Grab your headphones and prepare to be entranced by Slow Wave, a 3-minute experimental animation about sleep disturbances and its effect on the mind and body. Creator, Andy Kennedy constructs an entirely visceral experience of slumber with his atmospheric sound design and disorienting animation style. Immediately, you’re thrust into a small bedroom at nighttime. At what appears to be car headlights passing along the far wall, sound pans across, creating a realistic sensory experience. From that moment on, the bedroom begins to collapse and roll like a ship over waves that get progressively more rough.
The killer read his Bible. He drank. Heavily. It was a fall night in 2006, when Bradley Waldroup walked out of his rural trailer in southeastern Tennessee, carrying his .22 caliber hunting rifle. His estranged wife and her friend, Leslie Bradshaw, had just pulled up to drop off the Waldroups’ four children. Waldroup began arguing with his wife and Bradshaw, who was unloading the car. Drawing his gun, Waldroup shot Bradshaw eight times, killing her. He used a knife to cut her head open.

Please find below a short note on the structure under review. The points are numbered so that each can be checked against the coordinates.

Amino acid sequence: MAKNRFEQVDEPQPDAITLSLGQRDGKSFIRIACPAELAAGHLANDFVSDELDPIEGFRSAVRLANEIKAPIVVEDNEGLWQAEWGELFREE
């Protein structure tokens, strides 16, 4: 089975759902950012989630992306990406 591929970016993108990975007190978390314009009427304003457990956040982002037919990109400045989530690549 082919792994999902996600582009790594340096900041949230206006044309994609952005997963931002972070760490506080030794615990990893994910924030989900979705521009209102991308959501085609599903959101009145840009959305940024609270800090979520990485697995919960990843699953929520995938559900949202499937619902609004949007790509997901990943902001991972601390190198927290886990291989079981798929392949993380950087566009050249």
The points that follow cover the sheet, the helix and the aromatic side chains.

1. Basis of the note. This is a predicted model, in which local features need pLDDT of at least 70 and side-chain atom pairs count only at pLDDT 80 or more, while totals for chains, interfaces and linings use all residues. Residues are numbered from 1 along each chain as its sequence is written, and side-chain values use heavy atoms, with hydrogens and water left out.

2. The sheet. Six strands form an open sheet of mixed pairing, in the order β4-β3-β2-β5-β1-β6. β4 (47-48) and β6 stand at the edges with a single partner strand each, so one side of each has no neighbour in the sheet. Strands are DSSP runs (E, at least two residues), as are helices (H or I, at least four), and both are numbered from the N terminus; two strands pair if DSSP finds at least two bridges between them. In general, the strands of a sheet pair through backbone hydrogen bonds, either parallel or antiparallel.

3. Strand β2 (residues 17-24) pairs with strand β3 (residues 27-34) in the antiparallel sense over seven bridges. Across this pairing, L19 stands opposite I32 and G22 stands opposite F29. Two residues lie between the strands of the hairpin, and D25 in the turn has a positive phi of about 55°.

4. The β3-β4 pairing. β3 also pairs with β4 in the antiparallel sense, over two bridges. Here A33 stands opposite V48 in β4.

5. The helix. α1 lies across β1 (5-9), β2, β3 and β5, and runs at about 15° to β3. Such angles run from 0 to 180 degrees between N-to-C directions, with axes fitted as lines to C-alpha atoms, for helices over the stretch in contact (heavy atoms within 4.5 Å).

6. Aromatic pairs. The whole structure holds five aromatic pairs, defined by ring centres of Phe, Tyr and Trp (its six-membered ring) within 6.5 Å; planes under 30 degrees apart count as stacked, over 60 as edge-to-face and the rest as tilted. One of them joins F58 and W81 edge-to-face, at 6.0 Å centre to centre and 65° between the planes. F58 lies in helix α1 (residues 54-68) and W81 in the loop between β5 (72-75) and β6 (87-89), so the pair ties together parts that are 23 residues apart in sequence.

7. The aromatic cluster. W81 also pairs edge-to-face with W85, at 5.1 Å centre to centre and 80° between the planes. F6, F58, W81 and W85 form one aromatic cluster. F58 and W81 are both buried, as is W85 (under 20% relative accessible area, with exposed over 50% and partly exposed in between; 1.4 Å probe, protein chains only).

Researchers working near the Mariana Trench have captured footage of a jellyfish that boggles the imagination.
As far back as the ancient Greeks, people have documented a funny phenomenon among pregnant women: The skin on their faces sometimes changes color. Scientists never quite knew why that happened, though they suspected that it was linked to the spike in the body’s hormones during pregnancy. Now, a new study published this week in eLife found that two sex hormones, estrogen and progesterone, play a key role in regulating the body’s synthesis of melanin, the substance that gives skin pigment.
Maybe the Belgians know something we don’t. The country has just decided to give everyone iodine pills for use in the event of nuclear catastrophe.
When a pigeon flies, you can hear it sloppily slap its wings as it makes its way through the air. When a peregrine falcon flies, the flight is powerful and beautiful but you can still hear the movement. When a barn owl flies? Complete silence. It’s amazing to see. BBC Earth set up microphones along the flight path of the birds to let us hear the difference.
We heard from Madeline, who sent us an email message she’d received from a recruiter with the company where Madeline was interviewing.